Higher Education, Columbus and the Future of Jobs
by

Adam Weinberg, president of Denison University and David Harrison, president of Columbus State Community College

February 1, 2019
Columbus ohio

A central challenge for 2019 and beyond will be the creation of jobs and work environments that foster meaningful, purposeful, and dignified lives.

The nature of work has changed dramatically over the last four decades, due to a confluence of factors including globalization, technology, and public policy. These factors continue to unfold and will be accelerated and altered with rapid changes in artificial intelligence, big data, biotechnology, and other technological advancements, as well as cultural and political shifts.

The Council on Competitiveness, a national group of CEOs, university presidents, labor leaders and national lab directors, recently released a clarion call that correctly states, “There will be opportunities for new businesses, industries, and jobs, but there will also be pain for some people and communities as industries shift, labor markets are disrupted, jobs change and automation increases.”

Metropolitan regions will need strategies to create jobs and work environments that anchor the lives of people and communities in positive and lasting ways. The jobs that are needed are marked by good wages, strong benefits, continuous learning, and healthy work environments. These also should be jobs that give people’s lives purpose and meaning.

Columbus is a metropolitan region that has been at the forefront of thinking and working proactively on how to respond and thrive in this emerging moment. Through the work of the Columbus Partnership, Columbus 2020, and other entities, several efforts are bringing together constituencies across the private and public sectors to imagine and create the future. One example is Smart Columbus, which is positioning Columbus as a pioneer in harnessing the reinvention of transportation in ways that will create good jobs across the region for a wide range of people and communities.

A strategic advantage of Columbus is the depth and breadth of our higher education sector. Columbus is home to 50 colleges and universities, including The Ohio State University, Columbus State Community College, more than 20 strong independent private colleges, and a wide range of regionally focused public universities and colleges. Together, we educate close to 136,000 students a year, and employ over 50,000 faculty and staff, across the entire region.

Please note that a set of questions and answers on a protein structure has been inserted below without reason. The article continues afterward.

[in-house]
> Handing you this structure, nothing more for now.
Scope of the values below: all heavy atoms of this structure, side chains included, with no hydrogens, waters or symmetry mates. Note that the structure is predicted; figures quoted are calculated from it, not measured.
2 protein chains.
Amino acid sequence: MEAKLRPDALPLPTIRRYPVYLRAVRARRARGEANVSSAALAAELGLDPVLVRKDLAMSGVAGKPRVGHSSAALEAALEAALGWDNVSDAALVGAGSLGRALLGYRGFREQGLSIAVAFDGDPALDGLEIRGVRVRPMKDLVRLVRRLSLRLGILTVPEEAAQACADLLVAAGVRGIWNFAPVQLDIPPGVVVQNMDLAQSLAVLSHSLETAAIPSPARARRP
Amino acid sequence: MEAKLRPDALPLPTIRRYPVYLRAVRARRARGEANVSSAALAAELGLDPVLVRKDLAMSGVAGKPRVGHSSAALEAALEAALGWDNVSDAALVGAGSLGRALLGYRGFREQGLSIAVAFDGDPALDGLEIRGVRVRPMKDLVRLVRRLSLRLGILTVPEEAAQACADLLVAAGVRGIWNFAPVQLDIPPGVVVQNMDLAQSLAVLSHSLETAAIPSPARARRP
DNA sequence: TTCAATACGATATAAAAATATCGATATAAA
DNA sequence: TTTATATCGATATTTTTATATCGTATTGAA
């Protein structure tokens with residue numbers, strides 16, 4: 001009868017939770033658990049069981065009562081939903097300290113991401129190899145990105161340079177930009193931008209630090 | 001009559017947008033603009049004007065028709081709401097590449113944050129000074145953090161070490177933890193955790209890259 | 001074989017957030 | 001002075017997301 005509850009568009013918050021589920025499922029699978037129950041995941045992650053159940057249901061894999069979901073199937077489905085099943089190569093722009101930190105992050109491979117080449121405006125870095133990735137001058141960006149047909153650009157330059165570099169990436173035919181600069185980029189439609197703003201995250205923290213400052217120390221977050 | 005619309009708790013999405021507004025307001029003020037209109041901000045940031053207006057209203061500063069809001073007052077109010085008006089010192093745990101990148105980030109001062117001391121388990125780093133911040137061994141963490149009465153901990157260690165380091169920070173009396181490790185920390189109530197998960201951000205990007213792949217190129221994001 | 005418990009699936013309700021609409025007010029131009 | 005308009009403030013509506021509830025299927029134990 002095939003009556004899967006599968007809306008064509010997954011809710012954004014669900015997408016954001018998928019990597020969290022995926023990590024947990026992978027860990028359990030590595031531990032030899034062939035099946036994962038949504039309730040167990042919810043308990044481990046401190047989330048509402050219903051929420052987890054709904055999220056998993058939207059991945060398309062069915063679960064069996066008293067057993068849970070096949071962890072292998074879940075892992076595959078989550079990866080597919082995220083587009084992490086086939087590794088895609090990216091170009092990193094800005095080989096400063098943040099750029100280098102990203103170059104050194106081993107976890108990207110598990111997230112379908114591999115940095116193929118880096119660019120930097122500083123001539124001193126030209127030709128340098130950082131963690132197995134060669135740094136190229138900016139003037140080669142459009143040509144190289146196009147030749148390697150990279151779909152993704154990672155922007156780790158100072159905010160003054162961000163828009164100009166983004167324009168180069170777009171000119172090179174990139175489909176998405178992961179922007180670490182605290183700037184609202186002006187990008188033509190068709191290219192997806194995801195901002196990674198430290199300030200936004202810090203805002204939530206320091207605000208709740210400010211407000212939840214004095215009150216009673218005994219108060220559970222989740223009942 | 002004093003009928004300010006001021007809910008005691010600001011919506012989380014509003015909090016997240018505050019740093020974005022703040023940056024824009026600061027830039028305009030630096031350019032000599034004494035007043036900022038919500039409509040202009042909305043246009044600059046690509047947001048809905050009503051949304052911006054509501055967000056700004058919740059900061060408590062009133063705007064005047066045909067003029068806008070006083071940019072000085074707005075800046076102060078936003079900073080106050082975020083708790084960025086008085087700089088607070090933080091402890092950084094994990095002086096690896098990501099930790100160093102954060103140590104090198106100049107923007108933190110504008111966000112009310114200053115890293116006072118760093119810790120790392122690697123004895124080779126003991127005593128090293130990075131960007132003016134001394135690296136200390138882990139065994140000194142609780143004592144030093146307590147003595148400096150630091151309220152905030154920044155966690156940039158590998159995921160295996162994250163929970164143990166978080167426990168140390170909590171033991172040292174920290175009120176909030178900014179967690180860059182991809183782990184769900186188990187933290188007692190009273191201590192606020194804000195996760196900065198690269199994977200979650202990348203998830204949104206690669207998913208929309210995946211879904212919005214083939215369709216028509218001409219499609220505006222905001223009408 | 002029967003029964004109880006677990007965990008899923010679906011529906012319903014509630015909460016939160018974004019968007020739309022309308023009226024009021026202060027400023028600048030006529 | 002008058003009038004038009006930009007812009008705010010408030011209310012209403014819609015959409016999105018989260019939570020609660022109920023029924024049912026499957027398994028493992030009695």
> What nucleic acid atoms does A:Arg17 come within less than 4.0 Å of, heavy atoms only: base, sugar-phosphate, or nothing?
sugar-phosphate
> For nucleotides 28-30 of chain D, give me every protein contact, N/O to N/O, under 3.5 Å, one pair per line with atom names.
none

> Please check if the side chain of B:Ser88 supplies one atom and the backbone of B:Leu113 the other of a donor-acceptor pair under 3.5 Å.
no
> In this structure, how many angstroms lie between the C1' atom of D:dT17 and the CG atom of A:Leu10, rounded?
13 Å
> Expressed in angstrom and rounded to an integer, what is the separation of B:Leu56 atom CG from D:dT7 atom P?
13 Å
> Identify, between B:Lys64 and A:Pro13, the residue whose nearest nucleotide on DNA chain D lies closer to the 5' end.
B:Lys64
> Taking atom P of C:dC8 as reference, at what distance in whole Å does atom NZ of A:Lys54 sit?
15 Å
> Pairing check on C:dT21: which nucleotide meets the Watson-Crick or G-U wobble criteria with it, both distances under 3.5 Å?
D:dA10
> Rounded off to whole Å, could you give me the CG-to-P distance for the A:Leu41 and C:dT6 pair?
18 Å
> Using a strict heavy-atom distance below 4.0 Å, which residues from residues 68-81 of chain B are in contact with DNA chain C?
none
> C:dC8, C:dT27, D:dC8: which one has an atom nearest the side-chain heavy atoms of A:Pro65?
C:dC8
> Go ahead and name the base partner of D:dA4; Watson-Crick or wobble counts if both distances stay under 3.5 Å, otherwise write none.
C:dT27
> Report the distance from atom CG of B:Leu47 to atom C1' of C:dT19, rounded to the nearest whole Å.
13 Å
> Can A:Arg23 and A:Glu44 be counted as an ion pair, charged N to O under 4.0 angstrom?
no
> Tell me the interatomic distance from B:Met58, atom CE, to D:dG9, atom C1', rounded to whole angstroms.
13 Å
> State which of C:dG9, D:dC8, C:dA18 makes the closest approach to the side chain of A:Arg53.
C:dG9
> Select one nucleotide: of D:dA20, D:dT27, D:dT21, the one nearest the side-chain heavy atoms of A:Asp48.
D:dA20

The work of higher education can help drive positive job growth in at least five ways.

  1. Prepare students across the age and career spectrum for the changing nature of work, to enable them to be ready and eager to thrive in environments marked by change, ongoing learning, and the need to work in diverse teams to drive innovation and competitiveness.
  2. Develop a generation of graduates who will manage and lead organizations in ways that create meaningful and dignified jobs and work environments for others. The future will be determined by our graduates as they become the next generation of business leaders and managers, technologists and healthcare professionals, public policy experts, politicians, entrepreneurs, and community members.
  3. Ensure that the jobs and work environments we provide for our faculty and staff are meaningful and dignified and have a sense of purpose.
  4. Convene broad segments across the Columbus Metropolitan region to create public spaces for conversations and ideas to emerge. We need expanded public squares that bring together diverse constituencies to co-create and learn from each other.
  5. Generate research that drives understanding, innovation, and advancements on every front, from technological advancements to models for humanizing technological advancements to serve people and communities.

Higher education is a crucial sector of the Central Ohio region that can help create a future marked by meaningful and dignified jobs and work environments. In doing so, we give our region’s citizens the solid foundation they need to have the confidence and resources to invest in themselves, their neighborhoods, and our region.

Mobilizing our higher education institutions in such a way will leverage one of the primary assets of our region, and construct the foundation needed for healthy politics and a revitalized inclusive citizenship where people feel able, willing and motivated to work across differences to address social issues and create a shared vision for our future.

Read more of Adam Weinberg's speeches and writings.